But I think they’ll do what they can do send a message that people shouldn’t do this unless they want repercussions.'s Craig Timberg and Ellen Nakashimi wrote a must-see story detailing how the U. Once Edward Snowden leaves the dubious charms of Moscow's Sheremetyevo Airport, he has multiple options for his next destination.Following an announcement by Venezuelan President Nicholas Maduro on Friday that his country would grant asylum to Snowden if requested, Nicaragua and Bolivia quickly filed suit.Of course, Bolivian President Evo Morales' plane was searched for Snowden last week by Austrian authorities—but the has the details on Snowden's improved prospects, but does not describe the diplomatic negotiations surrounding his transfer in depth.
In the latest disclosure, the European Union found substantial evidence that the NSA was spying on them. government's monitoring of domestic and foreign internet traffic in the video.
Snowden is facing an unclear future as he lives in the transit zone of Sheremetyevo Airport, new leaks are revealing how the NSA spies on American citizens, and tech companies are in revolt for their own reasons. We're tracking—and explaining—news about this story as it unfolds. So why did release the interview more than a month after it was recorded? Releasing the news in controlled bursts guarantees site traffic, and maximizes the site's gains from the ongoing NSA scandal. I think they will try to destroy my credibility, they’ll attack me personally and they will try to make an example out of me in any way they can to discourage others from coming forward when they find other things they think the government is improperly classifying information.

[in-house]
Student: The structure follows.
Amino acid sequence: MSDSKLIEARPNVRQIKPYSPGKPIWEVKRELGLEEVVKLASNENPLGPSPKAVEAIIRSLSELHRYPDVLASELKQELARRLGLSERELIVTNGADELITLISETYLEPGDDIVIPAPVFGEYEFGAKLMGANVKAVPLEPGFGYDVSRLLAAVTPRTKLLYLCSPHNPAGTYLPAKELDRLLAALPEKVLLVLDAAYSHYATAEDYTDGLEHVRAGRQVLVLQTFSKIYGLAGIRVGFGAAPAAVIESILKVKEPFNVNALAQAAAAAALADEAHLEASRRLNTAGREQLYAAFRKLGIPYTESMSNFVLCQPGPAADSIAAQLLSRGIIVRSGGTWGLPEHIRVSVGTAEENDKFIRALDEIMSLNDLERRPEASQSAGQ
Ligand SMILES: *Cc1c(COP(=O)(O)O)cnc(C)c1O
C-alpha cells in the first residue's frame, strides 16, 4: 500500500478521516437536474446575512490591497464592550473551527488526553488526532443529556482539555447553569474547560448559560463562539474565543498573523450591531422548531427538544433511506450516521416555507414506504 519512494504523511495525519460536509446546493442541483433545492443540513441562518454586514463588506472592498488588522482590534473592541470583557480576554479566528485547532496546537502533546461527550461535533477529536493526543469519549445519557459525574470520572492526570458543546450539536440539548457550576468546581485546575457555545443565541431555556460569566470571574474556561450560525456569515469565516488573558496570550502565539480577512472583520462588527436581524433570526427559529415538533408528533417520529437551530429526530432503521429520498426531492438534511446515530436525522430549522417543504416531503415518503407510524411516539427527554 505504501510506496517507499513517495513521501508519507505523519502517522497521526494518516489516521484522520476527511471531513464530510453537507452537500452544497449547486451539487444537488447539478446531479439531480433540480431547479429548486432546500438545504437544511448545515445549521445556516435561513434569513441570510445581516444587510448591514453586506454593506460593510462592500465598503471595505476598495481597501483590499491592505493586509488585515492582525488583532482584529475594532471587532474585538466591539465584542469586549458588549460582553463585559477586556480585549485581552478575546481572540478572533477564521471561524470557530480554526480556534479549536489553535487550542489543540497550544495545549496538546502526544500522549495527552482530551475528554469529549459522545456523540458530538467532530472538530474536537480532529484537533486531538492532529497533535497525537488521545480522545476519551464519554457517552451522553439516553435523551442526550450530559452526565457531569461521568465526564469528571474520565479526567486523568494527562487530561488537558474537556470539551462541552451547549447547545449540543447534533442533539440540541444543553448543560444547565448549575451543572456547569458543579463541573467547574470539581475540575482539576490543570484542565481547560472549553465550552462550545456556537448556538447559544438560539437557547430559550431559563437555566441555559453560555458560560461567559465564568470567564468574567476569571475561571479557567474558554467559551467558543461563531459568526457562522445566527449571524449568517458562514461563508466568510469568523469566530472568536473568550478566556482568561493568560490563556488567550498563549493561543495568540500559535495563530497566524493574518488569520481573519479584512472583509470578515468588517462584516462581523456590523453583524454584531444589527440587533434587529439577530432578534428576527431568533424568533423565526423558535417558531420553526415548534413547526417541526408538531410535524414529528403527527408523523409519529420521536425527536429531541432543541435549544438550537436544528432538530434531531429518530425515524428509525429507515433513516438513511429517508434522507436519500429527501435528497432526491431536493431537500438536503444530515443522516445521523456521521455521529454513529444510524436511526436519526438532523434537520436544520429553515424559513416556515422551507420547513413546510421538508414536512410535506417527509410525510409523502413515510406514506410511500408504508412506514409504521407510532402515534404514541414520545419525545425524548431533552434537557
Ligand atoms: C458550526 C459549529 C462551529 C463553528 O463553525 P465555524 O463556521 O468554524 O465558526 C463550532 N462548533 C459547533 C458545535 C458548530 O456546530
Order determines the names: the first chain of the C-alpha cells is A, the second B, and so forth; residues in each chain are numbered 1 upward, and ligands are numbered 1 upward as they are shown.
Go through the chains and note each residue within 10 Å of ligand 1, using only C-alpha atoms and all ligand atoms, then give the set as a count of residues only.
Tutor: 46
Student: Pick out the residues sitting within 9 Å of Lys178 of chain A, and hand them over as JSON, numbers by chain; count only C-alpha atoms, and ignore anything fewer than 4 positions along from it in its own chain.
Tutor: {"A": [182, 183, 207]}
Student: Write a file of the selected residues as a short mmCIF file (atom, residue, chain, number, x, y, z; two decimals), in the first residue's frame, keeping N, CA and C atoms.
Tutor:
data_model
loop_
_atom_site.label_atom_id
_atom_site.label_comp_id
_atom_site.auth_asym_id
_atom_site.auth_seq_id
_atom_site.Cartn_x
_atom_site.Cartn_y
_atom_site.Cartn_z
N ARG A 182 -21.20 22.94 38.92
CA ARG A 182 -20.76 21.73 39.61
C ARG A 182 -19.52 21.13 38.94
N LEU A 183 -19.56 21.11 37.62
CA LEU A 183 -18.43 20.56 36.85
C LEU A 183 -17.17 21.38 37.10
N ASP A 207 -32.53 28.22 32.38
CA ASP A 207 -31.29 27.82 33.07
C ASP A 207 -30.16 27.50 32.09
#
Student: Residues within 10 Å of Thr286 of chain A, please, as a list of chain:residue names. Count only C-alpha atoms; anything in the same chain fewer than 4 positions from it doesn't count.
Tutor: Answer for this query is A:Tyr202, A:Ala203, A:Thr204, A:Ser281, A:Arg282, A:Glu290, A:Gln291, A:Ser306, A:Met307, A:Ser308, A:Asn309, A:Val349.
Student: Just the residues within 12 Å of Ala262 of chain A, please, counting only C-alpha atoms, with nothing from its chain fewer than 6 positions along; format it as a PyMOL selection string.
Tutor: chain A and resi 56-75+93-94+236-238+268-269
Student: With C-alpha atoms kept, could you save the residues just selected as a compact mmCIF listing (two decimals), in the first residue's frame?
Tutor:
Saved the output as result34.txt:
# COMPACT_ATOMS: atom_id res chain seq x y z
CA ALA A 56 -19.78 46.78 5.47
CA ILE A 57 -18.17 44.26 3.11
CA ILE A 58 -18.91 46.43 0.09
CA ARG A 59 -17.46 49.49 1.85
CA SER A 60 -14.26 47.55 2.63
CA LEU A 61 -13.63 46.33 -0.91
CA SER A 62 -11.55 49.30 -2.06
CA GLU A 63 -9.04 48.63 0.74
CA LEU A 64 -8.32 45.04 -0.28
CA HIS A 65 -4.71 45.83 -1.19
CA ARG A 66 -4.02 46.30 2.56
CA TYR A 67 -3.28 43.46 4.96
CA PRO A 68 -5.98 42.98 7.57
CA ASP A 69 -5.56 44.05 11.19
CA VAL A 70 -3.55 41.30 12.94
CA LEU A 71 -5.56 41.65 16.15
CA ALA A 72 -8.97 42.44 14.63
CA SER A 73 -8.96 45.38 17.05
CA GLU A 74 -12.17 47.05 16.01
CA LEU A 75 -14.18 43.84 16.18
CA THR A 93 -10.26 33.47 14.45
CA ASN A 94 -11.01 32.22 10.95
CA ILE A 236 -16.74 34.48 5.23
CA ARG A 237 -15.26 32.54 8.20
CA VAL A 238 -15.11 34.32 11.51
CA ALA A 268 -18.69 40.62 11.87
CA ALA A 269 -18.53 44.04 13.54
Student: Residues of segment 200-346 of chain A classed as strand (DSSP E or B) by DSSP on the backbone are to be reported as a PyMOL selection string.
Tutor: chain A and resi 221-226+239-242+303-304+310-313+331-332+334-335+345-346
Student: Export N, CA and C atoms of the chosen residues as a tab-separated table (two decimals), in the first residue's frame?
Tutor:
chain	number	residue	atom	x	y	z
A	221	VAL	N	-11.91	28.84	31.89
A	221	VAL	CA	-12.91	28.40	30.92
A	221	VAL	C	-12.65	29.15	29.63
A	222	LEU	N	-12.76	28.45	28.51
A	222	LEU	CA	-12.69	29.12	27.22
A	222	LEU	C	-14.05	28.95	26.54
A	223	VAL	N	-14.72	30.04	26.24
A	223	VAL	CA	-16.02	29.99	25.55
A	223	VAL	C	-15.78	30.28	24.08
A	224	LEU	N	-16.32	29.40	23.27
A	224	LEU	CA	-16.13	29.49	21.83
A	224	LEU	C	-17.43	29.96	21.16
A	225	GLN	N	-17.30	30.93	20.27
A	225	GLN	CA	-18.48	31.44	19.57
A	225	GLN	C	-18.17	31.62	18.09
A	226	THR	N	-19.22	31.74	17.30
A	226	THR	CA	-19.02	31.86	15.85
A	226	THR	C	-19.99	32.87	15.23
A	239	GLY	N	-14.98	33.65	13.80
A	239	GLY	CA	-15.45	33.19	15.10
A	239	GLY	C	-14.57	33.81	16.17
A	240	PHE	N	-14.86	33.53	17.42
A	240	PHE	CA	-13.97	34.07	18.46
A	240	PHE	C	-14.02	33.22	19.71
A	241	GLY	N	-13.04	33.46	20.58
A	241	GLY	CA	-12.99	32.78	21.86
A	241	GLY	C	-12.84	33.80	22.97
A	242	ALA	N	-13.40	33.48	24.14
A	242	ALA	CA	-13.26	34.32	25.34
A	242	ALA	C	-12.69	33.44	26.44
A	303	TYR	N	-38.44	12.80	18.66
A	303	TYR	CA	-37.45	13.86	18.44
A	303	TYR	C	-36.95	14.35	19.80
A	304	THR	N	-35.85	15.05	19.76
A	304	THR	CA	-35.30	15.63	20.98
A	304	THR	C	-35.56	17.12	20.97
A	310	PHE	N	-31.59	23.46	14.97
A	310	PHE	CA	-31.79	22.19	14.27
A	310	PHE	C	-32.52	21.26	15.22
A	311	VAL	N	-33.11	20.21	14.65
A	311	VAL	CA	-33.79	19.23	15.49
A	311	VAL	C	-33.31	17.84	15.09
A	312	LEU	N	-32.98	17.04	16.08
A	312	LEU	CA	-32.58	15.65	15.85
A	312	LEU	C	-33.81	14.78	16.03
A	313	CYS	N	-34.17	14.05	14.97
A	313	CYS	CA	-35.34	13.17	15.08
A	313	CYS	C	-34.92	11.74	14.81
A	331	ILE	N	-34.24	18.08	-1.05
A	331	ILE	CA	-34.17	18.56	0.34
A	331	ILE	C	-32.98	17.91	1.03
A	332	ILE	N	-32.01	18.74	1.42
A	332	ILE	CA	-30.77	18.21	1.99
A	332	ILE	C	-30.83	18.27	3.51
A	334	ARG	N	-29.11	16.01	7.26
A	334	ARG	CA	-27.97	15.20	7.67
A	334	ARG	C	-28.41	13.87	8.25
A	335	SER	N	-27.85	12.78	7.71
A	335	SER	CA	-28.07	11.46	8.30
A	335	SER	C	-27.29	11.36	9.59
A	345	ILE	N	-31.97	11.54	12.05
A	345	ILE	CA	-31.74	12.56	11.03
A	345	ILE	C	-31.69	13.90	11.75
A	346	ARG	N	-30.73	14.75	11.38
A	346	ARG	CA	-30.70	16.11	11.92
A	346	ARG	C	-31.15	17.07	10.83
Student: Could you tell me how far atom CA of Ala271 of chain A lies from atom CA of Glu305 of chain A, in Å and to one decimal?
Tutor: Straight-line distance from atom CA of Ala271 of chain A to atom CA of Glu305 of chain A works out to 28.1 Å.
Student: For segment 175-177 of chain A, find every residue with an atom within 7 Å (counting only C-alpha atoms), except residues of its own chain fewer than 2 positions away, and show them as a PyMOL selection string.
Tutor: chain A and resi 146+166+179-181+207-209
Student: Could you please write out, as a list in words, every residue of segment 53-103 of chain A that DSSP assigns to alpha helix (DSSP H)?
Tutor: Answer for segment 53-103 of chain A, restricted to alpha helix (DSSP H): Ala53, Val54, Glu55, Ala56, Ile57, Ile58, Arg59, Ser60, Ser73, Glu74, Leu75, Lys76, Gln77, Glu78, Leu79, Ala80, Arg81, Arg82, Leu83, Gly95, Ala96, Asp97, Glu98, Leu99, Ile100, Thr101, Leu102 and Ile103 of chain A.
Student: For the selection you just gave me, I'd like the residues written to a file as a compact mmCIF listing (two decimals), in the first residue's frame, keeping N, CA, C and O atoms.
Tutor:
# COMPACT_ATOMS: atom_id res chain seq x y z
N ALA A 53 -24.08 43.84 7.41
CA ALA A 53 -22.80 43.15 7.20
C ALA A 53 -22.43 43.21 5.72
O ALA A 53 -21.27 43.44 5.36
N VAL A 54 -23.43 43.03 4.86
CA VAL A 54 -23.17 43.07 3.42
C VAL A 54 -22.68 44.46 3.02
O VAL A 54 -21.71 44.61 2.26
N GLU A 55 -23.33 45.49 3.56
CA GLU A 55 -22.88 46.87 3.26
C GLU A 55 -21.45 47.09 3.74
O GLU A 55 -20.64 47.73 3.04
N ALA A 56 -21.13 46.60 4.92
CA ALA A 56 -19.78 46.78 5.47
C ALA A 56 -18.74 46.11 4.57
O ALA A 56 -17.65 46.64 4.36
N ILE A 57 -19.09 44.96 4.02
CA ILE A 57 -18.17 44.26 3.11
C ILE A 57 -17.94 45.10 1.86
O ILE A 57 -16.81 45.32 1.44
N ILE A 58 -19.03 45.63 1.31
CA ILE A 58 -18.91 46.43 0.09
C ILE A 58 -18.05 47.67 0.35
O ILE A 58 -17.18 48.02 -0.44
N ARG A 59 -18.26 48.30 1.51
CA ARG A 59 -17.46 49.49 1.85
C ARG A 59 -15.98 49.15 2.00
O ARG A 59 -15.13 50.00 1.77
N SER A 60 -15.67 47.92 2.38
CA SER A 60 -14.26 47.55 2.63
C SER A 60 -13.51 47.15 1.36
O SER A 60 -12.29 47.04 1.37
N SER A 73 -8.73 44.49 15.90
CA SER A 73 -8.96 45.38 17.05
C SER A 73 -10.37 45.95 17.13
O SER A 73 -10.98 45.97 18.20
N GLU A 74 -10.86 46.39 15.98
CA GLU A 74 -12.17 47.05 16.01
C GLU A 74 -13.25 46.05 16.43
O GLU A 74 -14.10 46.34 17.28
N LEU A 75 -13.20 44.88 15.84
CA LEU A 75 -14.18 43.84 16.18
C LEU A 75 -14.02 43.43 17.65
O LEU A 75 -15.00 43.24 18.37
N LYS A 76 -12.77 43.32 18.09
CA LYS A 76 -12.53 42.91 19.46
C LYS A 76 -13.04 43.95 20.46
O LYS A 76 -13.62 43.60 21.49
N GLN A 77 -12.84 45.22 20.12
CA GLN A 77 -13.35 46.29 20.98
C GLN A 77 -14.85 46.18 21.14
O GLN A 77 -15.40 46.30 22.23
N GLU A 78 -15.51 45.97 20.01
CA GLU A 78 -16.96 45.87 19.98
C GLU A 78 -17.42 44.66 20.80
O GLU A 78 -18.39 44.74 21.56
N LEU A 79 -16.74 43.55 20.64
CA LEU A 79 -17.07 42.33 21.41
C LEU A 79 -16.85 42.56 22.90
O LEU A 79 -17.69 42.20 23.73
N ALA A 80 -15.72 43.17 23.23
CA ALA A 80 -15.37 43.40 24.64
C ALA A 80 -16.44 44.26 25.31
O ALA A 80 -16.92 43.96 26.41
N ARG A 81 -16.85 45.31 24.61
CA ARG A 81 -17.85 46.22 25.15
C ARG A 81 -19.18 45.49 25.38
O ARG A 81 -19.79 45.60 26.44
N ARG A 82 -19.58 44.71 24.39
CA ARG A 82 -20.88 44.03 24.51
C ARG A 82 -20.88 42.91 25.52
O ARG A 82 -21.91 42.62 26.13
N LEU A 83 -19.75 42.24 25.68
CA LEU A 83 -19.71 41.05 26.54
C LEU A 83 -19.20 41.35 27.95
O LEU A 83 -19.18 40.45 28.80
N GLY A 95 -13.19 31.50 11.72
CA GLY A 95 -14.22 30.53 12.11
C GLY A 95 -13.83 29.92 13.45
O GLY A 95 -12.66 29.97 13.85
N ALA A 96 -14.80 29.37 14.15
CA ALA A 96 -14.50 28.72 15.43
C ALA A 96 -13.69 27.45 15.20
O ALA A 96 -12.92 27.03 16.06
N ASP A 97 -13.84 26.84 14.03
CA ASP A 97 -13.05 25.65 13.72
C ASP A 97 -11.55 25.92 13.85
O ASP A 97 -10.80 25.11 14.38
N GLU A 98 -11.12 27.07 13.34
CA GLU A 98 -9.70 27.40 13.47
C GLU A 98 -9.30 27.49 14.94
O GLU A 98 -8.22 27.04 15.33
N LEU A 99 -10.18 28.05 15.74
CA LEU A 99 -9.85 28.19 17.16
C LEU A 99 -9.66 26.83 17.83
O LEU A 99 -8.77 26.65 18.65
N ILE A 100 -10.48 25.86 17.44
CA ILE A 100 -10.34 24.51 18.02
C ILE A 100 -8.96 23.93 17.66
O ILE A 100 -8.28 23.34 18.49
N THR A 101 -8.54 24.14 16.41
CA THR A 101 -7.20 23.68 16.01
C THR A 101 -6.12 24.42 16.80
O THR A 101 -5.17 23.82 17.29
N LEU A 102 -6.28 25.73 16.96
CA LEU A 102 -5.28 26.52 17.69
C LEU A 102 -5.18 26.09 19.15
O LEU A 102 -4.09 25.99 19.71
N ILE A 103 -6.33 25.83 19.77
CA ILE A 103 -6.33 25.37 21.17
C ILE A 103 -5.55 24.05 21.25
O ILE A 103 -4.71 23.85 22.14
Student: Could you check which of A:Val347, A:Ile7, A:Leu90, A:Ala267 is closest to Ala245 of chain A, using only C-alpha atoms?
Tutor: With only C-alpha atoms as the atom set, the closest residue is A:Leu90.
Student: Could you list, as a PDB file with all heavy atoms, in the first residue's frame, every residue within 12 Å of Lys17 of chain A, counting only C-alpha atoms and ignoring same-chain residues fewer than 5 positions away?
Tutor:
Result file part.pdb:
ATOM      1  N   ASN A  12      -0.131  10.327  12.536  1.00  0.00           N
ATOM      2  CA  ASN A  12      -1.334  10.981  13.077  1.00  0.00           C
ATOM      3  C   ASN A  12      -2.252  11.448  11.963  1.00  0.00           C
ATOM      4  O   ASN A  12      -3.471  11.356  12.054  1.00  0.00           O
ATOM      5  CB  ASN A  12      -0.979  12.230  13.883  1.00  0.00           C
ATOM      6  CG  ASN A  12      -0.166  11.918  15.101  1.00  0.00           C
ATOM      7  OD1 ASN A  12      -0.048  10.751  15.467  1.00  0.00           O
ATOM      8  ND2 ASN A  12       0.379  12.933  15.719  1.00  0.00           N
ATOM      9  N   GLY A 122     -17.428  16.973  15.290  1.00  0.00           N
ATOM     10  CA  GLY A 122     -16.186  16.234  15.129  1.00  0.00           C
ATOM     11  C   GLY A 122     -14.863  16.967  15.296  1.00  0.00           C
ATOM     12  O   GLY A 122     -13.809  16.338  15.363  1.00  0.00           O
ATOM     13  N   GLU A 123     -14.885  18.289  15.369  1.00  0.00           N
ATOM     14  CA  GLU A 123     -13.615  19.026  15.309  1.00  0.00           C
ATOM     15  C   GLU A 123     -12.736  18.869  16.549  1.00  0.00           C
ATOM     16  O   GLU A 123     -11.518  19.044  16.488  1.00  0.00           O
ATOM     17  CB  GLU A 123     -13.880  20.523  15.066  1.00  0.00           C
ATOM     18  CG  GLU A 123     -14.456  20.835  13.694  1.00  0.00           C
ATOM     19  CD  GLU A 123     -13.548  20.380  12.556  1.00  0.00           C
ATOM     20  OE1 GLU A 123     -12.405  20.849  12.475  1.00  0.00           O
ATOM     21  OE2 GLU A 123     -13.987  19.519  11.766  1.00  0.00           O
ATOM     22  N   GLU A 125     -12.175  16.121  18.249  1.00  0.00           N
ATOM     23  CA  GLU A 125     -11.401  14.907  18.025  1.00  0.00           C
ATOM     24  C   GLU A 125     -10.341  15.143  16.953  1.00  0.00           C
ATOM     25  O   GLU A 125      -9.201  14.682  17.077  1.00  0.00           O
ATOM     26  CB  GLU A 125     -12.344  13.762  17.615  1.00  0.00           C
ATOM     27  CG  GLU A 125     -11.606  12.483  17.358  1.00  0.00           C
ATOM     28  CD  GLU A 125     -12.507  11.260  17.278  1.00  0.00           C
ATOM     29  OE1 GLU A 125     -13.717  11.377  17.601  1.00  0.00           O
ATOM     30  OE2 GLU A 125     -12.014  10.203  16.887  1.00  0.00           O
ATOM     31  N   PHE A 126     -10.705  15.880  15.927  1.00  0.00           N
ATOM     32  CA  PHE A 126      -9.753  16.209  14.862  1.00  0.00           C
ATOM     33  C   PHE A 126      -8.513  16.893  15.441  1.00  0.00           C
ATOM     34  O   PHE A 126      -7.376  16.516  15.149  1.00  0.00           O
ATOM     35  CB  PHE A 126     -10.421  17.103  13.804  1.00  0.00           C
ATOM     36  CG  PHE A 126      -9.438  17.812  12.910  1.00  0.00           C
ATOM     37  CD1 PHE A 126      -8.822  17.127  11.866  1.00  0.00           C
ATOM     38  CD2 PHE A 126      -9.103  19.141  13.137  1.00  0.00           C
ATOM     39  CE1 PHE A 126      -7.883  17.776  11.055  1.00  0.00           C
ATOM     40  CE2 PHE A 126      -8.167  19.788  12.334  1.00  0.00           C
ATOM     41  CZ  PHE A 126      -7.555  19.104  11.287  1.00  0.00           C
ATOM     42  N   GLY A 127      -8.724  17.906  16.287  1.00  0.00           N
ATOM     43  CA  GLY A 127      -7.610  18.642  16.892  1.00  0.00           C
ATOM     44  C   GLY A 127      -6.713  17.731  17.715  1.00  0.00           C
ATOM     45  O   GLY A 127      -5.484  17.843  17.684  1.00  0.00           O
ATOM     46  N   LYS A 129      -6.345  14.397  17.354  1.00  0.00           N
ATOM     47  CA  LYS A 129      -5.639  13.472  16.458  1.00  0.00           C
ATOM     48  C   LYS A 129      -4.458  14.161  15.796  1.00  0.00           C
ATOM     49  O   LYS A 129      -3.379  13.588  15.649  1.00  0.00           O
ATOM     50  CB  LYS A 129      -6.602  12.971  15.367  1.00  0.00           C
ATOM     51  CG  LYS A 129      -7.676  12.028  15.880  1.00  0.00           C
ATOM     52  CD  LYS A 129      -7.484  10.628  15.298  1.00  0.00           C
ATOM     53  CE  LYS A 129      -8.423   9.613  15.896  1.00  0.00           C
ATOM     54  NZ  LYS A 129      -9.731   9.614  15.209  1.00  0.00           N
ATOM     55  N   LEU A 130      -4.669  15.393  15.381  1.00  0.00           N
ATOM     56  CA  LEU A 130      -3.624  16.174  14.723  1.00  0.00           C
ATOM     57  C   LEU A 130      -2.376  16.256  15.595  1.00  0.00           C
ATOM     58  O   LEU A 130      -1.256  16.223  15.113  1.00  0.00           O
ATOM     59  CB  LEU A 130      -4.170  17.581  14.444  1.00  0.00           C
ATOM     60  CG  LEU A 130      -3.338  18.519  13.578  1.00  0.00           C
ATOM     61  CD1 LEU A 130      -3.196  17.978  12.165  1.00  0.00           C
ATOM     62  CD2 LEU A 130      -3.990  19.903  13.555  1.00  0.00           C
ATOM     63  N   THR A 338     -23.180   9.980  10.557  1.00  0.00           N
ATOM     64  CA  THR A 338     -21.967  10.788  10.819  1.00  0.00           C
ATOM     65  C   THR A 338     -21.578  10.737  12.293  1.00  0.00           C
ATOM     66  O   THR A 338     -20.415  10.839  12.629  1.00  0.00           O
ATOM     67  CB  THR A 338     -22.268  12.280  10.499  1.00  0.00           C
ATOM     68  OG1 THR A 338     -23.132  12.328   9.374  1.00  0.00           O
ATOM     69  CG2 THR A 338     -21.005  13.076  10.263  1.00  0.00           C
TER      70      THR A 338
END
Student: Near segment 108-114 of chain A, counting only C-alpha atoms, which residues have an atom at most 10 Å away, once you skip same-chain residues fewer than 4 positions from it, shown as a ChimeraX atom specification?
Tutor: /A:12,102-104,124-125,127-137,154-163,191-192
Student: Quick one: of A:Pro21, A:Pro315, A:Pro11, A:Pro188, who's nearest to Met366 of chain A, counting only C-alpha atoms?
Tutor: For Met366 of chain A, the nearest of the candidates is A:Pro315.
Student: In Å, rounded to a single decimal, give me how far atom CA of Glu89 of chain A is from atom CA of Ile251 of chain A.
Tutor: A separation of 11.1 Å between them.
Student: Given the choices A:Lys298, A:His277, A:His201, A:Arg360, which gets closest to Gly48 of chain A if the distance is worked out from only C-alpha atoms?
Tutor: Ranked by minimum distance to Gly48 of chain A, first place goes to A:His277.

p.m., 07/08/13 A new Ed Snowden interview came out this afternoon—Glenn Greenwald and documentary filmmaker Laura Poitras spoke with Snowden in Hong Kong... My primary fear is that the government is going to come after my family, they are going to exercise warrants against any location I’ve ever used an electronic device, every friend I’ve ever visited at home, my partner who’s travelled with me throughout the world. government agencies seek access to the massive amounts of data flowing through their networks, the companies have systems in place to provide it securely, say people familiar with the deals.
My mother, my father — anyone I have (inaudible) with they’ll attack them in lieu of me because they can’t reach me and I think that’s incredibly wrong. The article, which builds on the NSA revelations, gives previously unreleased details of America's surveillance regime: The agreements, whose main purpose is to secure the U. telecommunications networks against foreign spying and other actions that could harm national security, do not authorize surveillance. Negotiating leverage has come from a seemingly mundane government power: the authority of the Federal Communications Commission to approve cable licenses.
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The National Security Agency (NSA) and America's other intelligence agencies suddenly lost control of their biggest open secret: The U. government is monitoring the Internet and telephone communications.
A series of revelations spurred by leaker Edward Snowden forced the NSA to admit to a secret surveillance regime that includes the mass collection of phone and web metadata.
While many regimes around the world are happy to offer Snowden lip service because he exposed the perceived hypocrisy of the United States government, his presence also draws attention to the unseemly fact that those regimes also engage in illicit monitoring and surveillance of their citizens.